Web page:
Maruja Mallo: life, works and curiosities – THE SINSOMBRERO

Maruja Mallo was a painter of the Generation of 27 and one of the greatest speakers of cubism and surrealism in Spain. She is part of the group of women artists known as The Hatless. Although for years he fell into oblivion due to his exile motivated by the Spanish Civil War, here we tell you everything about his life, his works and some of his anecdotes.

Who is Maruja Mallo: biography

Maruja Mallo was born under the name of Ana María Gómez González in Nursery (Lugo) in 1902. Due to her father’s work they moved to Avilés in 1913 where Maruja entered the School of Arts and Crafts where she would meet the painter Luis Bayón and with whom she would later meet again in Madrid.

Maruja Mallo in the Generation of 27

In 1922 another transfer for Maruja’s family arrived, this time to Madrid where she would start studying at the Royal Academy of San Fernando along with his brother Christian. He combined these studies at the same time with the Julio de Moisés Free Academy. It is in Madrid where he meets with the entire generation of 27 and surrounds himself with personalities from the arts such as Dalí, Lorca, Concha Méndez, Buñuel, María Zambrano or Margarita Manso. It is said that she was inseparable from Dalí and Lorca but that his best friends were always Concha Méndez and Margarita Manso. Since Dalí and Lorca were also inseparable from Buñuel, Mallo would also relate to the film director but they never hit it off very well. In fact, it is said that Bunuel, every time he saw Maruja he said «The menstruation contest is open!». Later, Margarita Manso would say in interviews that although they did not expect the success of any of them, the one they least expected was Buñuel since they even knew him as “Buñuel’s brute”. However, they would share an anecdote like the one in which Lorca and Buñuel, together with Maruja and Margarita Manso, were on their way to the Silos Monastery to listen to Gregorian chant when they were barred from entering the entrance because “skirts don’t go here.” It was then that Mallo and Manso took Lorca and Buñuel’s jackets as pants so they could pass.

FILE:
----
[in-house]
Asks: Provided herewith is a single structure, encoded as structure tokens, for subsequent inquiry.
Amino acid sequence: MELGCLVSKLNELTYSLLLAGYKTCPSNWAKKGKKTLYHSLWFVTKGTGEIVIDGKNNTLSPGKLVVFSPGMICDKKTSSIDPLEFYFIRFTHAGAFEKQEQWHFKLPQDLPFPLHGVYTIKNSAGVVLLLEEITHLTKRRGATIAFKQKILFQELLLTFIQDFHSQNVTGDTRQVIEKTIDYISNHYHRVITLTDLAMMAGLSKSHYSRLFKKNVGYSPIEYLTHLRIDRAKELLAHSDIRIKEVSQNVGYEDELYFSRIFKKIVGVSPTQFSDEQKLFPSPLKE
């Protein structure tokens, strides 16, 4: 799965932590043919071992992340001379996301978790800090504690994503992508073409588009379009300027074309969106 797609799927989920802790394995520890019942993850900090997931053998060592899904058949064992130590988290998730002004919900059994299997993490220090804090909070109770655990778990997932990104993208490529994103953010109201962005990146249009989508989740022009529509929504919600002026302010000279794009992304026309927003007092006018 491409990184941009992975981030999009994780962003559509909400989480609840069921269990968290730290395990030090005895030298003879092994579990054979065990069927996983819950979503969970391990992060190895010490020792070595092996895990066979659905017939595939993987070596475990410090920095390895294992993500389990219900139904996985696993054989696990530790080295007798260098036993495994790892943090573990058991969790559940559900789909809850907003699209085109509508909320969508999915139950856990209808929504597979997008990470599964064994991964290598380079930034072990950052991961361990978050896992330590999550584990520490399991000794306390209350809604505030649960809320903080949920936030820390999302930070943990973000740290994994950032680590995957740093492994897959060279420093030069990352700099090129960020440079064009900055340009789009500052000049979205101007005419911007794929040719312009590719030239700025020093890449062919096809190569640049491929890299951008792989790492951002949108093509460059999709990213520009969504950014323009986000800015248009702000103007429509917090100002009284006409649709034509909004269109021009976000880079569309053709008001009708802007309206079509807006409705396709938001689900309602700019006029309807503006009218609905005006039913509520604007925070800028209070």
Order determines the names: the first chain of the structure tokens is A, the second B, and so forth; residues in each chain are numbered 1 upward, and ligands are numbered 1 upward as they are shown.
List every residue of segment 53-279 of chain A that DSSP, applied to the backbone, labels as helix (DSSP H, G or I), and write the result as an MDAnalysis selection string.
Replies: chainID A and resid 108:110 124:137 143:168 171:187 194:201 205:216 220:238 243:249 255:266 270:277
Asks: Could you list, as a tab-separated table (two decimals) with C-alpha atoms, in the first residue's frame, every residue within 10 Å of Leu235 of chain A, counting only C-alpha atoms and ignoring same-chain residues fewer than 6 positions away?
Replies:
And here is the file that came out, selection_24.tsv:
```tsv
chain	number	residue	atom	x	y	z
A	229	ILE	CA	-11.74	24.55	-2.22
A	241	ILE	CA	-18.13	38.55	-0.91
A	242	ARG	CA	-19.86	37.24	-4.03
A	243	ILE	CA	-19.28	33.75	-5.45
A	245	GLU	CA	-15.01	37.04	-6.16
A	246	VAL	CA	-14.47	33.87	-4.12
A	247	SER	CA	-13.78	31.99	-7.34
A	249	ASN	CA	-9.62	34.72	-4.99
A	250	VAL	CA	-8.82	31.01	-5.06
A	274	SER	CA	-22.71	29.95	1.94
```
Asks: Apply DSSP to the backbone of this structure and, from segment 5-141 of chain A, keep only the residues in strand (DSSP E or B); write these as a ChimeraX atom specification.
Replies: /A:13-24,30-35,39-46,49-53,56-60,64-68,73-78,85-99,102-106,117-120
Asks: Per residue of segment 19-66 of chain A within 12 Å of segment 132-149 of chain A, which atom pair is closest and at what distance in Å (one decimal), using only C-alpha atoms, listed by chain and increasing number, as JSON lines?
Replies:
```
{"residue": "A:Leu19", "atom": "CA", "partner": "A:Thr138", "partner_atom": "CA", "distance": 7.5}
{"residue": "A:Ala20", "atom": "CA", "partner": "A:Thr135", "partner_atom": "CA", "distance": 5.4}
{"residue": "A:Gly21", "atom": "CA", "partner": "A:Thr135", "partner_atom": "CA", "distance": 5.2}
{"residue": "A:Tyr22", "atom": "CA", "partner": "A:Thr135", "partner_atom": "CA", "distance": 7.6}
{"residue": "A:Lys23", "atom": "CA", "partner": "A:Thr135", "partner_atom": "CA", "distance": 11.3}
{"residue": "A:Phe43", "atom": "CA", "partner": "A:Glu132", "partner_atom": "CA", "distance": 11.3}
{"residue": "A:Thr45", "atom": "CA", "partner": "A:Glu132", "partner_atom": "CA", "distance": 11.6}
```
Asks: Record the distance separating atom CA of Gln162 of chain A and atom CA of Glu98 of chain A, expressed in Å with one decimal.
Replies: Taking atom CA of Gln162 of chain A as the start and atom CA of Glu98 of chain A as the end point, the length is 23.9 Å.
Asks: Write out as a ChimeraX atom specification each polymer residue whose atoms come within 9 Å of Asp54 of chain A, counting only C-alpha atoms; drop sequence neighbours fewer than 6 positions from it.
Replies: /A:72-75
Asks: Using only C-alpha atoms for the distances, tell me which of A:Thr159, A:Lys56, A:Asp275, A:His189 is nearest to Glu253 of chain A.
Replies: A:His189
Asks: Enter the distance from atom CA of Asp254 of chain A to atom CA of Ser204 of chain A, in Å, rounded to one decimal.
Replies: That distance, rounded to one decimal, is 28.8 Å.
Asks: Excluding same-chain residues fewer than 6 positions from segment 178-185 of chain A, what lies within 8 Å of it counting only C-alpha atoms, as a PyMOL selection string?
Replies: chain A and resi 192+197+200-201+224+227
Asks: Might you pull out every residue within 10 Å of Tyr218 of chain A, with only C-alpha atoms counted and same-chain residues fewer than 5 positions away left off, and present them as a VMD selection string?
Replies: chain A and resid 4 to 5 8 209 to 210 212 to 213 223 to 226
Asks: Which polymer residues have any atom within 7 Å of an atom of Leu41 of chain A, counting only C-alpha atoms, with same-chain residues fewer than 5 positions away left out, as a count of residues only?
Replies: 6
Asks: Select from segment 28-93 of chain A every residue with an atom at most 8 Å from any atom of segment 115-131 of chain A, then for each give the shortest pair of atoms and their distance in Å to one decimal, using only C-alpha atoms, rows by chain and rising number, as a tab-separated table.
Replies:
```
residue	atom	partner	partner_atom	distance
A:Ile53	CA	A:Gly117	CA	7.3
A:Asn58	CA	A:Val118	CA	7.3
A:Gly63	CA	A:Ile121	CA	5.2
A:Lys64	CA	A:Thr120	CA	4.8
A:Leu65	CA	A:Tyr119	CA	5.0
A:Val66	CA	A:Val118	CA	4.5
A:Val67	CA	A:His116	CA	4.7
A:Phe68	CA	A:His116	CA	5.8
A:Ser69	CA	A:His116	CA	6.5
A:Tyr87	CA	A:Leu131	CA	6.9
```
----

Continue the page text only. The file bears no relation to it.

*Maruja Mallo with Ernestina Champourcí and Salvador Dalí

With whom, without a doubt, he shared more than a friendship was with Raphael Alberto. It is said that they had many comings and goings due to the proposal of free love that Maruja Mallo always professed and that Alberti did not quite fit in. Although they argued a lot, they say that they could not live without each other. One of the best known anecdotes of the two was the tragedy that happened when Maruja was driving with her friend Mauricio Roesset (brother of another of Las sinsombrero, Marga Gil Röesset who committed suicide because of the impossible love he felt for Juan Ramón Jiménez) who was driving him. They had an accident and Maruja was seriously injured with a lot of blood. When her friend saw her bloodied she thought she had killed him and she killed herself. When he found out about her whole event, Alberti, who had gotten angry with Maruja and had separated from her, quickly returned to Madrid to reconcile with her.

*Maruja Mallo and Rafael Alberti

In 1927 he joined the painter Benjamín Palencia to found the first Vallecas School. Throughout the decade of the years he worked in various literary publications such as El Almanaque Literario, La Gaceta Literaria or The Magazine of the WestFounded by Ortega y Gasset, who knows his paintings and is so amazed by them that he decides to mount an exhibition in the magazine. It was the first and only exhibition hosted by the Revista de Occidente and it was a great success.

Maruja Mallo and The Sinsombrero

*The hatless

Another well-known anecdote of the group is the one in which Dalí, Manso and Mallo decided to take off their hats, which at that time was a sign of a high position in society or even synonymous with having studies. Maruja herself recounted that they were stoned as they passed through the Puerta del Sol, calling them “faggots” because, as the painter explains in an interview, “it is known that by not wearing a hat they identified us with the third sex.” The three had to take refuge in the underground while Dalí continued to provoke them, confirming that they were indeed of the “third sex”. Due to this anecdote, the women who were part of the Generation of 27 are known as the Sinsombrero. There is a whole project underway to make them known since many of them have been hidden, giving only relevance in history to their male companions. You can find more information at Among the works they carry out is a book about them and two documentaries produced by RTVE. Here are the two documentaries:

Maruja Mallo during the Second Spanish Republic

During the 1930s Maruja collaborated with Alberti on some creations such as the sets for Santa Casilda or on books such as I was a fool and what I have seen has made me two fools. During these years she too, she paints her series of Sewers and Bell Towers.

In 1932 she received a scholarship to go to Paris where she would meet painters of the stature of Miró, Breton or Magrittewhom he will deeply admire and from whom he will take clear influences to begin his surrealist stage in which he will have successes such as his exhibition at the Perre Loeb Gallery or the creation of his incredible work the Scarecrow, considered one of the great works of surrealism.